“SOKTI has been established to meet growing demands for greater transparency, connectivity and accountability in sustainable food supply. We will be focusing initially on sustainable protein, such as plant based and insect based, however our platform is being developed to meet wider sustainability needs in the long term. We’re using the latest technology to connect sustainable suppliers, partners and customers, developed by our international team of expert advisors. Our goal is to accelerate global sustainability.”

by Sokti.com

Interesting fact: 15 volcanoes erupt in the Pacific in just one night

Significant volcanic activity took place in the Pacific on 10/04 Friday night as 15 volcanoes erupted, with the most powerful being from Krakatoa.

Fifteen of the total volcanoes around the world were reported expelling ash, erupting or launching incandescent material, including Popocatépetl, in Mexico.

The following is a list of registered seismic activity last Friday night; 12 were close to the Pacific coast, amidst the general fears of the COVID-19 pandemic.

– Klyuchevskoy, in Kamchatka, Russia, threw ashes at a height of 6,100 meters.

–  Shiveluch, in Kamchatka, Russia, ejected volcanic ash at an altitude of 36,000 feet.

– Aso, Kyushu Central, Japan.

– Kuchinoerabu-jima, located on the Ryukyu Islands, Japan.

– Sakurajima, located in Kyushu, Japan.

– Ibu, in Halmahera, Indonesia

– Krakatoa, located in the Sunda Strait, Indonesia

Merapi, in Central Java, Indonesia, emitted a column of ash that rose to an altitude of 6,100 meters.

– Semeru, located in East Java, Indonesia

– Dukono, located in Halmahera, Indonesia, emitted volcanic ash.

– Kerinci, in Sumatra, Indonesia.

 Popocatépetl, in central Mexico. At 10:15 pm, an explosion occurred that generated an eruptive column close to 1km high and the emission of incandescent fragments.

– Sangay, Ecuador, expelled Ceiniza from a height of 5,800 meters.

– Sabancaya, located in Peru, emitted ashes that reached a height of 7,300 meters.

– Nevados de Chillán, located in Chile.

Most expelled ashes, but the strongest movement was in Krakatoa, which launched an eruptive column up to 15 km high, generating a volcanic ray.

So far, risks to the population have not been ruled out. In 1883, the volcano erupted and killed almost 40,000 people.

Plastic is the New Asbestos for the Construction Industry

Merseyside builder Neal Maxwell has launched an innovative project that aims to remove plastic from the British construction industry in as little as twenty years.

Neal Maxwell, has worked in the building trade for more than three decades and established Changing Streams, a non-profit organisation, after a trip to the Artic, where he realised plastic is as problematic as asbestos.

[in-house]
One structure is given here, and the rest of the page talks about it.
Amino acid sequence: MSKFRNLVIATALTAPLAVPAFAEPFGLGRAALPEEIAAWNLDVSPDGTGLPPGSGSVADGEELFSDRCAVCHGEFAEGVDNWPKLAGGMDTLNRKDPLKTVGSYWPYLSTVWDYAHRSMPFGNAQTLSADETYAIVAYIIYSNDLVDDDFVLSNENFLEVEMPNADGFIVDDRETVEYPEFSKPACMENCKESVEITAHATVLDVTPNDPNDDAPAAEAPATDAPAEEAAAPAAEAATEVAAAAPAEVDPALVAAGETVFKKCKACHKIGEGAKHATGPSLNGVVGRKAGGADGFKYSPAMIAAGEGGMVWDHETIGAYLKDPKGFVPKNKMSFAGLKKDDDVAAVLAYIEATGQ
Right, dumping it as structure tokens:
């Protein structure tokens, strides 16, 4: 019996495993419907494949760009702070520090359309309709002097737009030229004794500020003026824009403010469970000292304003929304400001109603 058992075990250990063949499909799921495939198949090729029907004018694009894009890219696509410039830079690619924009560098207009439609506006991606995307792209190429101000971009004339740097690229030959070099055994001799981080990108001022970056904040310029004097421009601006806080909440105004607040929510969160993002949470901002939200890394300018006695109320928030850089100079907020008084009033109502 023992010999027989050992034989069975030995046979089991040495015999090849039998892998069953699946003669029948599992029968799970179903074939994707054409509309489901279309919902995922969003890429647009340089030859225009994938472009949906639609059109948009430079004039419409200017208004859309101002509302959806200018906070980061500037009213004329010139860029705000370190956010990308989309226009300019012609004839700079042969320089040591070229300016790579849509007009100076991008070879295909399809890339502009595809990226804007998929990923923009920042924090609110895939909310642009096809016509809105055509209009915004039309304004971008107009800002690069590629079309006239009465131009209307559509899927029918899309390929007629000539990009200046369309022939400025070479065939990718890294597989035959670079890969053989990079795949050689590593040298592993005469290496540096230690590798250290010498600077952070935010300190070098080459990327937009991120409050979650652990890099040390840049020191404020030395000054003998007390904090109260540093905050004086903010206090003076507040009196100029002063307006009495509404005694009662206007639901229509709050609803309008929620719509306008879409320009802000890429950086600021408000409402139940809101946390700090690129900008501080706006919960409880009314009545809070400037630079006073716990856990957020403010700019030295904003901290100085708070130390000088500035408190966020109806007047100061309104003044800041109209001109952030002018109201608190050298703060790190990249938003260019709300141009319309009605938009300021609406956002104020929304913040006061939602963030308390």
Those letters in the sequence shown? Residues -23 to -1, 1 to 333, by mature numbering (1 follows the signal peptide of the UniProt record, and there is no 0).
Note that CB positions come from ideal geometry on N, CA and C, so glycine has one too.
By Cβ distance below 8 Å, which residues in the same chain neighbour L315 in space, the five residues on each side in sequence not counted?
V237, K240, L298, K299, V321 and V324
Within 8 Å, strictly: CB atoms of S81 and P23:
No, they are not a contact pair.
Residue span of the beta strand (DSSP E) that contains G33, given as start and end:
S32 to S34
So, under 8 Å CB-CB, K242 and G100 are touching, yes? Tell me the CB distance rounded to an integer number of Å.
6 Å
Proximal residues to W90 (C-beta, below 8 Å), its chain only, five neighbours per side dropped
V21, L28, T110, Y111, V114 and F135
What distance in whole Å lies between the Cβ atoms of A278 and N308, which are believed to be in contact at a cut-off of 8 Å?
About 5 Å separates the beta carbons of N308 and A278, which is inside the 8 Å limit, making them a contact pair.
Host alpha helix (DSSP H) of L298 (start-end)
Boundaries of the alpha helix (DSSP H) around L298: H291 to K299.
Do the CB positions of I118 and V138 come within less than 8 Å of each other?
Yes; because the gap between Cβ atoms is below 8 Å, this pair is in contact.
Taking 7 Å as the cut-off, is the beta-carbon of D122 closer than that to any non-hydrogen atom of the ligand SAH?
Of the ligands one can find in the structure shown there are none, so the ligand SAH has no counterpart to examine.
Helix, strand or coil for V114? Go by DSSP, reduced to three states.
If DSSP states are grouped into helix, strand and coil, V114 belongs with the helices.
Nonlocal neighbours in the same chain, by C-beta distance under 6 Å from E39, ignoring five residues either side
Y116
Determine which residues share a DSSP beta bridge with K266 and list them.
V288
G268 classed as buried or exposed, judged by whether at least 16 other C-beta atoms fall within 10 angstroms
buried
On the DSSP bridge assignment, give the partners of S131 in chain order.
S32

“We used to use asbestos throughout our industry before we knew the damage it was doing to our lungs. We know the damage plastic is doing to our planet and other species. Shouldn’t we treat plastic as the new asbestos?”

Sickened by the levels of plastic pollutants in the Artic Ocean and often devastating impact on wildlife in the polar region, Maxwell and researchers from the University of Liverpool have developed a programme that they say could make construction plastic free by 2040.

Construction is the second largest producer of plastic waste in the UK, after packaging. It is estimated the building trade generates 50,000 tonnes of plastic waste each year.

Along with the architect Dr Gareth Abrahams from the university’s School of
Environmental Science, Maxwell has drafted a charter that they hope could become legally binding.

The programme for the construction industry includes:

• the phasing out of paint containing plastic;
• the establishment of a “traffic light” guide to warn which paints contain plastic to dissuade DIY consumers from buying them;
• the creation of a template house made without plastic;
• the end of the use of plastic wrapping for building materials such as bricks and cladding.

Maxwell co-founded Changing Streams in 2018 after he and his wife toured
the Arctic on a scientific exploration ship. He said: “On board were 20 scientific specialists from all around the world who helped us understand about the environment and the impact global warming and plastic pollution was having.

“We were told about the walruses while out in kayaks and learned about their
feeding habits and plastic ingestion via clams when in the water. But the moment of truth for me came when we got back to England, when I went on our first food shop at the supermarket to stock up the kitchen again. When I saw row upon row of things covered in plastic it turned my stomach – I had to get out of the shop.

“When I got home, I realised I had to do something about plastic pollution and I could only do that in the industry I’ve worked in for over 30 years. That trip and that moment in the supermarket afterwards convinced me that I should try to make my industry plastic-free.”

Maxwell said he was even more shocked when he discovered how much plastic was used in the construction business.

He and Abrahams hope a “carrot and stick” approach can win over builders, many of whom fear replacing plastic will raise their costs.

“We will not only ask government eventually to adopt this as legally binding
regulations, but also petition large pension fund providers which finance construction to adopt the charter as well,” Maxwell said.

Abrahams says the University of Liverpool aims to construct plastic-free
accommodation on its campus, which is undergoing a multimillion-pound rebuild.

He said: “One of our projects is to create the first ever plastic-neutral commercially viable house. We want to show the building industry this can be done. And through things like coding paint we can hopefully change consumer behaviour as well.”